July 19, 2011
Tropical Storm Dora Brings Rough Surf To Southern Mexico
NASA satellite sees Dora gaining strength
Tropical Storm Dora was just a depression yesterday. Since then, NASA satellite imagery has watched Dora continue to strengthen as thunderstorm cloud tops have grown much colder. Dora is now stirring up high seas in the eastern Pacific and beach goers in southwestern will encounter warnings because of high surf Dora is kicking up. Warnings are also posted for three western Mexican states.
That forecast coincides with infrared satellite imagery coming from the Atmospheric Infrared Sounder (AIRS) instrument that flies on NASA's Aqua satellite. AIRS captured an infrared image of Dora's cloud top temperatures on July 18 at 1929 UTC (3:29 p.m. EDT/12:29 PDT) and it revealed a large area of very cold cloud top temperatures on thunderstorms surrounding Dora's center.
On the morning of July 18, AIRS infrared imagery showed that the strong convection (rapidly rising air that creates the thunderstorms that power the tropical cyclone) have increased near the center of the tropical storm.
Those cloud tops were so high into the troposphere that the temperatures were as cold as -63 Fahrenheit (-52 Celsius). AIRS infrared imagery also revealed that Dora has the signature "comma" shape of a hurricane.
As a result of the power of Dora's increasing winds, large ocean swells are expected to begin affecting the southern coast of mainland Mexico today. These swells are likely to cause life-threatening surf and rip current conditions.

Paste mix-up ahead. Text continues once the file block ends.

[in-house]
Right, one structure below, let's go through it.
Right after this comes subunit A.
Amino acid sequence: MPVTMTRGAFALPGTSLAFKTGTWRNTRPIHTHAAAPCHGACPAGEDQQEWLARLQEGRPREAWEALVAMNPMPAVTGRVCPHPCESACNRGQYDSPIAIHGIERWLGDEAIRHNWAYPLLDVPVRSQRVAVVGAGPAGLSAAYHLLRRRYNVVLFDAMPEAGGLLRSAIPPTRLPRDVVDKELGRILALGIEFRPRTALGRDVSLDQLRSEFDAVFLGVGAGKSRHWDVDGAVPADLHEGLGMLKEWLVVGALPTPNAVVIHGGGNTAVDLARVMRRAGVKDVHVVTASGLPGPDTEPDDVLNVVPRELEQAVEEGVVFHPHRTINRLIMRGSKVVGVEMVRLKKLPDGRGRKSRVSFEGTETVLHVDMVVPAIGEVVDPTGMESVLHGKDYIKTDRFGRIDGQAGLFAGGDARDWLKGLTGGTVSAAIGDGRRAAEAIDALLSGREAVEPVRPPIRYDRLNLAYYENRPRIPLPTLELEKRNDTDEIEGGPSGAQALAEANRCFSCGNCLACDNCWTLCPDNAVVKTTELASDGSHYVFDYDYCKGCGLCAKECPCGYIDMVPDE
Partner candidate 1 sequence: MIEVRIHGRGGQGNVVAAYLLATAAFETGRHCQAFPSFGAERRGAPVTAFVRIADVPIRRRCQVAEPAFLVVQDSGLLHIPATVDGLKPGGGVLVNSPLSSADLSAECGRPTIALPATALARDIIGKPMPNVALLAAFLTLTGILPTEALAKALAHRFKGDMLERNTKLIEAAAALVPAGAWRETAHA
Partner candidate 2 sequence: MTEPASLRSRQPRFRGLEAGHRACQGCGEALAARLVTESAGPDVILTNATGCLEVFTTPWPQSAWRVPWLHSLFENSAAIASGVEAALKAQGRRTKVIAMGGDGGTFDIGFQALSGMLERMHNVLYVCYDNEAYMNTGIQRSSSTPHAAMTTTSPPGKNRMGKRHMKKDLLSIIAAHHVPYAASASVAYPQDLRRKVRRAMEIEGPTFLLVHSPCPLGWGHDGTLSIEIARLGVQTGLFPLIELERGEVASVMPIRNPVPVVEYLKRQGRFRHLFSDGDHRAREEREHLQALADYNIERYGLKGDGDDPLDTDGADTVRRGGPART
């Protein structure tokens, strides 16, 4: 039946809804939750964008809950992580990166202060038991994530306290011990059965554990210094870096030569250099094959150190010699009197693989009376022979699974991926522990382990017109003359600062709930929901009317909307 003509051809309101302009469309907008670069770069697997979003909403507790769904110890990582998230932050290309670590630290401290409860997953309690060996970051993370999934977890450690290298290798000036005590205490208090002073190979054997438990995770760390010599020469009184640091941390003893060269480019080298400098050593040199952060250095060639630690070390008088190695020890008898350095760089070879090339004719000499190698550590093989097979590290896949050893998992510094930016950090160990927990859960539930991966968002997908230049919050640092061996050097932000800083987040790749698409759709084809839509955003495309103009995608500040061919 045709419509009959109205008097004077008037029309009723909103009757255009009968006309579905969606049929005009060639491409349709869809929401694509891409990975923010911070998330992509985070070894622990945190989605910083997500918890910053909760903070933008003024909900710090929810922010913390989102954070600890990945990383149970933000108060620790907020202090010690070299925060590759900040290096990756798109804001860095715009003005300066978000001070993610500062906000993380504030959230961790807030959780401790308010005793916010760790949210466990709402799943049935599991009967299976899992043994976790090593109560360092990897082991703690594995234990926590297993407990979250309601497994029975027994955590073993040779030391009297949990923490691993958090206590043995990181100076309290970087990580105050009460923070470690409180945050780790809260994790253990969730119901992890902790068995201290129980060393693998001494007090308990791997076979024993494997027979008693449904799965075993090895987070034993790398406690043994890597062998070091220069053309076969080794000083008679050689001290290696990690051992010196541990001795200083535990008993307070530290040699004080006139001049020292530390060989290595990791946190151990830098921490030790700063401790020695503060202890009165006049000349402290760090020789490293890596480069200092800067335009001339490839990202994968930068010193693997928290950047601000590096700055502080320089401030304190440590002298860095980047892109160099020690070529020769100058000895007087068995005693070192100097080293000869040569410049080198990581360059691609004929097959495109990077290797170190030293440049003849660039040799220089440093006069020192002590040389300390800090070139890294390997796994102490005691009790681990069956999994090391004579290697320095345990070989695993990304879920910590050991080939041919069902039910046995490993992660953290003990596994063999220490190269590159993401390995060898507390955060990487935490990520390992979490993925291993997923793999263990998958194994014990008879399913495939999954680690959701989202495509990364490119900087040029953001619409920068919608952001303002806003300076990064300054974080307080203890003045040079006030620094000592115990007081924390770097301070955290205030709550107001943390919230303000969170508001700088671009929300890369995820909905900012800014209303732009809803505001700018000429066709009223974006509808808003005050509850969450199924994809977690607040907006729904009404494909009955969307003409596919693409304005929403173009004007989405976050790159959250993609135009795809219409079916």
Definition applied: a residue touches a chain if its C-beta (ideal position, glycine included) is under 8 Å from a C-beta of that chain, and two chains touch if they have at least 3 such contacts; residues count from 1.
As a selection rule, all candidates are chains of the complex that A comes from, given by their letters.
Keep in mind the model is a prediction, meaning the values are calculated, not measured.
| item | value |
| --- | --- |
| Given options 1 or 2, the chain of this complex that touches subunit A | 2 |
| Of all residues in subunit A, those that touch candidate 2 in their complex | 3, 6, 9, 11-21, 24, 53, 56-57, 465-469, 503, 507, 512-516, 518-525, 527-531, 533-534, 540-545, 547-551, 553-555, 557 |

The Mexican Weather Service has posted weather warnings for the Mexican states of Chiapas, Oaxaca and Guerrero. Residents in those states can expect heavy rains, gusty winds, and some local flooding. According to weather reports from the National Oceanic and Atmospheric Administration, Oaxaca was already reporting rain at 9 a.m. EDT on July 19. Winds were from the east-northeast near 5 mph (4 knots) and it was 62 degrees Fahrenheit (17C). For weather advisories in Spanish from the Mexican Weather Service, go to: http://smn.cna.gob.mx/.
At 5 a.m. EDT (2 a.m. PDT), Tropical Storm Dora's winds were near 65 mph (100 kmh) and are expected to continue strengthening today. It was located about 300 miles (485 km) south of Puerto Angel, Mexico near 11.4 North and 95.9 West. It was moving to the west near 16 mph (26 kmh). Tropical storm-force winds extend out 125 miles from the center, making the storm about 250 miles in diameter.
Dora is expected to continue tracking off-shore from western Mexico and strengthen to hurricane status later today.
Image 1: This infrared image from the GOES-11 satellite at 1200 UTC (8:00 a.m. EDT) on July 19 shows Tropical Storm Dora's clouds are reaching western coastal Mexico. Credit: NASA/NOAA GOES Project
Image 2: This infrared image of Tropical Storm Dora was captured from the AIRS instrument on NASA's Aqua satellite on July 18, 2011 at 1929 UTC (3:29 p.m. EDT/12:29 PDT) and it revealed a large area of very cold cloud top temperatures (purple) on strong thunderstorms surrounding the center. Credit: NASA JPL, Ed Olsen
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